No one disputes that Terance Gamble, who was convicted of second-degree robbery in 2008, broke the law by possessing the pistol that a police officer found in his car during a traffic stop in Mobile, Alabama, seven years later. In fact, he broke two laws, as both Alabama and the federal government bar people with felony records from owning guns.
Does that mean Gamble committed two offenses? That's the question at the heart of a case that gives the Supreme Court an opportunity to reconsider a longstanding but misbegotten exception to the constitutional ban on double jeopardy.
Gamble, whose case the Supreme Court will hear on Thursday, was prosecuted and sentenced twice for illegal gun possession, once in state court and once in federal court. As a result, he will remain in prison until February 2020, which is three years later than he would have been released if his punishment had been limited to the state sentence.
On the face of it, Gamble's double punishment violates the Double Jeopardy Clause, which prohibits trying someone twice "for the same offense." But according to a doctrine the Supreme Court first enunciated in 1852, Gamble was punished for two distinct offenses: one against the state of Alabama and one against the federal government.
As Gamble's lawyers show in their Supreme Court brief, this "separate sovereigns" or "dual sovereignty" doctrine contradicts the original public understanding of the double jeopardy clause, which embodies an ancient principle with deep roots in English common law. The relevant English cases, early legal commentary in the United States and two 1820 decisions by the Court "unequivocally rejected the notion that two sovereigns could punish a defendant for the same crime."
As a brief filed by University of Utah law professor Paul Cassell and three other legal scholars explains, "there was no dual sovereignty doctrine before the mid-19th century." The Court initially embraced the idea in defense of slavery and later used it to shore up Prohibition.
"The Court invented dual sovereignty largely to prevent free states from blocking the recapture of fugitive slaves," Cassell et al. write. The justices worried that free states would undermine the Fugitive Slave Act by giving abolitionists a slap on the wrist for harboring runaways, thereby preventing federal prosecution.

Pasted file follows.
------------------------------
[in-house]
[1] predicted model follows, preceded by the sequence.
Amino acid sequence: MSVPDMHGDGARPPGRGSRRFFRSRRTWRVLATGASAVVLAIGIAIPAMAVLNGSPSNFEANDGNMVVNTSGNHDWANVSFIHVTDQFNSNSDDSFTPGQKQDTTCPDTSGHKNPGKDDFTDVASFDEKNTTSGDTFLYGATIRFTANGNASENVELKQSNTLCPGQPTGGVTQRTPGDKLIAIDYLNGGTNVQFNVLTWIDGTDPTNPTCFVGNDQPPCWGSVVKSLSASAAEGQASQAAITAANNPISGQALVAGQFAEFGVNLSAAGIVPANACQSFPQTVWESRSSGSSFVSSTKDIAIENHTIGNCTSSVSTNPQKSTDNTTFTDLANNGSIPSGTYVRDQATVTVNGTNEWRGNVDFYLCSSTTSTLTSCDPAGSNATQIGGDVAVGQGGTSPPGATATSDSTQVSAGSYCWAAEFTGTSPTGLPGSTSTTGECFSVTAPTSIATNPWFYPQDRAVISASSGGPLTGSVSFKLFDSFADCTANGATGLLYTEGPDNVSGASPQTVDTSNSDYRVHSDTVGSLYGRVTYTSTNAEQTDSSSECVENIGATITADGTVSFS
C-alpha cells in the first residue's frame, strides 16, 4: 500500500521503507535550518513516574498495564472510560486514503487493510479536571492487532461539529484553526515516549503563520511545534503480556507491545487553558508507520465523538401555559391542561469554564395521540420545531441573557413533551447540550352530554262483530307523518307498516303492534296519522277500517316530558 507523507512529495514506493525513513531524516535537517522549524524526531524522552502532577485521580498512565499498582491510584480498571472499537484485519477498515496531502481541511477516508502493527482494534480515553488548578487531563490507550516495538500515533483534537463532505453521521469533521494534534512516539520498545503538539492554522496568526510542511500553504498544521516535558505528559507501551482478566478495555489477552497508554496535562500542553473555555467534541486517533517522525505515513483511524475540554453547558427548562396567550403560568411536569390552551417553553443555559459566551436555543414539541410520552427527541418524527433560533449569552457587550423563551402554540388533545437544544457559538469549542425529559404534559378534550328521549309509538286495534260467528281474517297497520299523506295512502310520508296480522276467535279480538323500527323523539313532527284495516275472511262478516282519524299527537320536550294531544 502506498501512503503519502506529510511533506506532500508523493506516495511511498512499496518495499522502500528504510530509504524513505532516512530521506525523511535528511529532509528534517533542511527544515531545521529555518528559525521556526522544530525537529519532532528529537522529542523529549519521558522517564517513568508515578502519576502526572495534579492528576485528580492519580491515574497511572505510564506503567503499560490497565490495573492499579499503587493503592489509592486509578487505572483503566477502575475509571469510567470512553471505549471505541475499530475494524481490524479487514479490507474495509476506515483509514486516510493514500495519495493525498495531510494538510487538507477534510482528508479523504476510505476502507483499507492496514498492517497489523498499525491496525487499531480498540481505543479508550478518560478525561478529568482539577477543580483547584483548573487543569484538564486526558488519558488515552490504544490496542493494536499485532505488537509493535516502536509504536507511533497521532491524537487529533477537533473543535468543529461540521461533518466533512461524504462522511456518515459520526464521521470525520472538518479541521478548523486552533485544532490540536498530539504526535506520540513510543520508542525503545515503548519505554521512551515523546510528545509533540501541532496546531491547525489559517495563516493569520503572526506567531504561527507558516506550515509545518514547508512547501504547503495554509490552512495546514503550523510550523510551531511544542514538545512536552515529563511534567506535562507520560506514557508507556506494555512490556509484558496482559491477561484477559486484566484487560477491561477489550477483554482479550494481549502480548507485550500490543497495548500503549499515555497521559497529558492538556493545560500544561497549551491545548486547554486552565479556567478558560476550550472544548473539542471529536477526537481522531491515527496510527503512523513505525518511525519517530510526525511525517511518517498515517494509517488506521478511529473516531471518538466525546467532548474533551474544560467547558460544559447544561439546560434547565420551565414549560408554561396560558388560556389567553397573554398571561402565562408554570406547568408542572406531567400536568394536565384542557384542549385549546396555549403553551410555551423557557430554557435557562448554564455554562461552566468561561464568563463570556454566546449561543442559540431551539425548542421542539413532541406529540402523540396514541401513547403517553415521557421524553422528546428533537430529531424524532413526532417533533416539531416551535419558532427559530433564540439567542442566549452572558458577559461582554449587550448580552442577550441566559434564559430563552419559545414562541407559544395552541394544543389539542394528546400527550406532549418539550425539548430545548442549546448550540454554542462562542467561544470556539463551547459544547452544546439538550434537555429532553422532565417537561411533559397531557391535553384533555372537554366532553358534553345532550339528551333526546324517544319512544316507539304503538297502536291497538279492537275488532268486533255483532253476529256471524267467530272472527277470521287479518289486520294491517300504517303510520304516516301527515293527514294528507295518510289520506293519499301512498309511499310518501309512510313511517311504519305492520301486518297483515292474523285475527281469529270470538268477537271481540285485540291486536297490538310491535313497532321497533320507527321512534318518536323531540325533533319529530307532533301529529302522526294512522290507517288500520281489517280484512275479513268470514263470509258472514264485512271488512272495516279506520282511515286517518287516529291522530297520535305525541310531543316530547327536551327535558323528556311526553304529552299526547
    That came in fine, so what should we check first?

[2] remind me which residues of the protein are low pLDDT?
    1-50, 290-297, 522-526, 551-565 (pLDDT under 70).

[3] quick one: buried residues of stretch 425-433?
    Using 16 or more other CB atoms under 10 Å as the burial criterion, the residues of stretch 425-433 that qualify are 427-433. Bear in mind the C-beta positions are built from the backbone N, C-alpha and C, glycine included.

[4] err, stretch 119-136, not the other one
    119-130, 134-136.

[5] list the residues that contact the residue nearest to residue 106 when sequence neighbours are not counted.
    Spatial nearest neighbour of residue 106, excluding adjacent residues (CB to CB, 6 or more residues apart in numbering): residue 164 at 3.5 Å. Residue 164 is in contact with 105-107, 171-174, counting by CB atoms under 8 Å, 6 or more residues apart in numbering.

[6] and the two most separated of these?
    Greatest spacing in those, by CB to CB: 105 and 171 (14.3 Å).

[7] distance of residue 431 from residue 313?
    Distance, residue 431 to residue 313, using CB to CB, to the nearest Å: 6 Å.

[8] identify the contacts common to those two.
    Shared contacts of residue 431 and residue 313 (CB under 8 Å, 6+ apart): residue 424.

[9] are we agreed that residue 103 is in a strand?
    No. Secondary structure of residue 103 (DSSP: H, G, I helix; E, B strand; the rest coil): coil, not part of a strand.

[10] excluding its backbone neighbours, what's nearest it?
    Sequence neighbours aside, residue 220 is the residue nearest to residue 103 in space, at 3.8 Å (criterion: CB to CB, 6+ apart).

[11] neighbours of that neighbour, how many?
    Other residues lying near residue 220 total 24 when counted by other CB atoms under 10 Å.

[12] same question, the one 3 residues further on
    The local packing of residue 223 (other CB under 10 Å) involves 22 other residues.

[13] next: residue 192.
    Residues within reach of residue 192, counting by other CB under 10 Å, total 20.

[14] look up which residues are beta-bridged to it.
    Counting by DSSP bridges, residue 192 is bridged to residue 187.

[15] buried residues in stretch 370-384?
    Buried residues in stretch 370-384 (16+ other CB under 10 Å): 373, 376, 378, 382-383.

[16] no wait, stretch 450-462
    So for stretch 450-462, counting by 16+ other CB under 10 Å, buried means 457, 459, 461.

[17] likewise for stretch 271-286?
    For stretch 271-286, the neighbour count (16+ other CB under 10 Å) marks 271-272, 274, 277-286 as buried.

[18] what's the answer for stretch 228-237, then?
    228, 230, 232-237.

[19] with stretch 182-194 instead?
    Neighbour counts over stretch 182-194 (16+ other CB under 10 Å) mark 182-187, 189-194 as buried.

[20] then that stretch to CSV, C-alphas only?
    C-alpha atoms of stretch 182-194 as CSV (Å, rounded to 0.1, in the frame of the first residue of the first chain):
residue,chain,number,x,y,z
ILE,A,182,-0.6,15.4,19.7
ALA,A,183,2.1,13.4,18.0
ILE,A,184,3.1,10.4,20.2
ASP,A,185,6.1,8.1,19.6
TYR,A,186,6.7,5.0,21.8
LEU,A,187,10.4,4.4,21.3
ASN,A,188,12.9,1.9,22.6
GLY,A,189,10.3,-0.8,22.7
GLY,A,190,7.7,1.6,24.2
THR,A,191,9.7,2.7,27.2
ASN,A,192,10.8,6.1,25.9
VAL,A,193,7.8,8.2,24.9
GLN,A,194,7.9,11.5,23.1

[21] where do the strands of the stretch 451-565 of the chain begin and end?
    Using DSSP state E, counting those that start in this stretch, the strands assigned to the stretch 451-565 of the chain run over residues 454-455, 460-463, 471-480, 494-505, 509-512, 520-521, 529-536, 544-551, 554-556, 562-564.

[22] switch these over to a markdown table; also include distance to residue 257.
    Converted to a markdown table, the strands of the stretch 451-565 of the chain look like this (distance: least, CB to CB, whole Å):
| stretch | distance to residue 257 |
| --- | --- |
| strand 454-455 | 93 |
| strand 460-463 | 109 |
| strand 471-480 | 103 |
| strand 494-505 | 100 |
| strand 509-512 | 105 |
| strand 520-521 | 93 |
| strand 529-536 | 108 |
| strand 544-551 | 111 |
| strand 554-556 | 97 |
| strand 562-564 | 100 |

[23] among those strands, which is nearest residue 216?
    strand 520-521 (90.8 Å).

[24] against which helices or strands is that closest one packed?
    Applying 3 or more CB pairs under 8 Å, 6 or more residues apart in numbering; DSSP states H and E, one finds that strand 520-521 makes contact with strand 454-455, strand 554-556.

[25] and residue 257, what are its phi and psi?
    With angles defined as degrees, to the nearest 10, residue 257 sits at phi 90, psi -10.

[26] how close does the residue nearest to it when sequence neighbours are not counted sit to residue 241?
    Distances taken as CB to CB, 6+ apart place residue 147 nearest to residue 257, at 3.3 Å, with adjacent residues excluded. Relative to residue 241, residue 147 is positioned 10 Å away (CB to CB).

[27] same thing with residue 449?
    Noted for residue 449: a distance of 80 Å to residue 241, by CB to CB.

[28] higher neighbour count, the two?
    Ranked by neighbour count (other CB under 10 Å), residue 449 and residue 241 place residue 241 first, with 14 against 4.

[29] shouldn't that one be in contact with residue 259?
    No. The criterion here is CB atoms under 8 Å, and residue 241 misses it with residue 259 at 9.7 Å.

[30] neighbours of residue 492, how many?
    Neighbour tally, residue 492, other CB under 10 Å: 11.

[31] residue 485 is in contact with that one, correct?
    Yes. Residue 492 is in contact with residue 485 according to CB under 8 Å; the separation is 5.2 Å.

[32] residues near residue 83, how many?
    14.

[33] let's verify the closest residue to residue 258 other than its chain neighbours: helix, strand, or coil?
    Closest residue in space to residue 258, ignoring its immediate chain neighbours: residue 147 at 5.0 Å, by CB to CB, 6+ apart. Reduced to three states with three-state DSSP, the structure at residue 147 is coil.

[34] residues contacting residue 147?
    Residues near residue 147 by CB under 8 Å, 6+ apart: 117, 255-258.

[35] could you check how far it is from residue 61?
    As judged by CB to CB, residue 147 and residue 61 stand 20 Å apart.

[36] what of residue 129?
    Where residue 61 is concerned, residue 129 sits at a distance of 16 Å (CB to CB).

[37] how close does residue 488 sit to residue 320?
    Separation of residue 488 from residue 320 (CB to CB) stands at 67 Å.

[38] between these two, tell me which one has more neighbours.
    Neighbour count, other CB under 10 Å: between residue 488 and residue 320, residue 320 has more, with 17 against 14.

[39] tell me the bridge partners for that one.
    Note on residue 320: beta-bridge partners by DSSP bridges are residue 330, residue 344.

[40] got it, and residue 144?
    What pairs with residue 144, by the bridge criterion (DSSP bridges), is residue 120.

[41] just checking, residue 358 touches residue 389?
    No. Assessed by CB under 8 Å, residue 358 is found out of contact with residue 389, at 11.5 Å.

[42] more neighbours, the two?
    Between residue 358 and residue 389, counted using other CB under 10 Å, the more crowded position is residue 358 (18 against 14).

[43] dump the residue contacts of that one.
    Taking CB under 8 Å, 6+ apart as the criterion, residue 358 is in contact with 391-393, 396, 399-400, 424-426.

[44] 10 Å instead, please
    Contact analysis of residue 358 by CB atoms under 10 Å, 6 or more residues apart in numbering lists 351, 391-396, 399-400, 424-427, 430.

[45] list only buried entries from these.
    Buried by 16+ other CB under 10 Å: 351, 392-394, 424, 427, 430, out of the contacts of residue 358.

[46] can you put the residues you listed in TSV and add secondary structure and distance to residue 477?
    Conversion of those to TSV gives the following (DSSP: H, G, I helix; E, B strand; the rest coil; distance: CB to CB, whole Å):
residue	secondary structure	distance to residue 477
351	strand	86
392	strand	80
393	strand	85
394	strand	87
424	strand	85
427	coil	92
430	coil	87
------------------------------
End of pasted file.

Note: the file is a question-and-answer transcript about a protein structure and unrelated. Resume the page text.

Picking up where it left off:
In the 1920s, the justices had similar concerns about state resistance to enforcement of the 18th Amendment. "If a state were to punish the manufacture, transportation and sale of intoxicating liquor by small or nominal fines," the Court worried in a 1922 decision reaffirming the dual sovereignty doctrine, "the race of offenders to the courts of that state to plead guilty and secure immunity from federal prosecution for such acts would not make for respect for the federal statute."
Thanks to the Court's ahistorical, result-oriented invention of the dual sovereignty doctrine, defendants like Gamble can be punished twice for the same crime, while others who are acquitted in one court can be tried again in another. The arbitrary power that option gives prosecutors is especially dangerous in light of the bloated federal criminal code, which has expanded so much during the last 60 years that no one has managed to count the offenses it includes.
Overlap between state and federal crimes, once rare, is now commonplace. "Given this explosion of federal crimes," Gamble's lawyers note, "nearly every crime can be charged both in state court and in federal court."
Justice Department guidelines are supposed to ensure that prosecutors are selective in deciding when federal interests have not been sufficiently vindicated in state court. But if a run-of-the-mill gun case like Gamble's qualifies, anything can, and the finality of state criminal proceedings is subject to the untrammeled whims of federal prosecutors.
The Trump administration argues that "any concerns of potential unfairness from particular separate prosecutions are best addressed by policymakers." But that unfairness has already been addressed by the double jeopardy clause, if only the Supreme Court would stop pretending otherwise.
Jacob Sullum is a senior editor at Reason magazine. Follow him on Twitter: @JacobSullum. To find out more about Jacob Sullum and read features by other Creators Syndicate writers and cartoonists, visit the Creators Syndicate website at www.creators.com.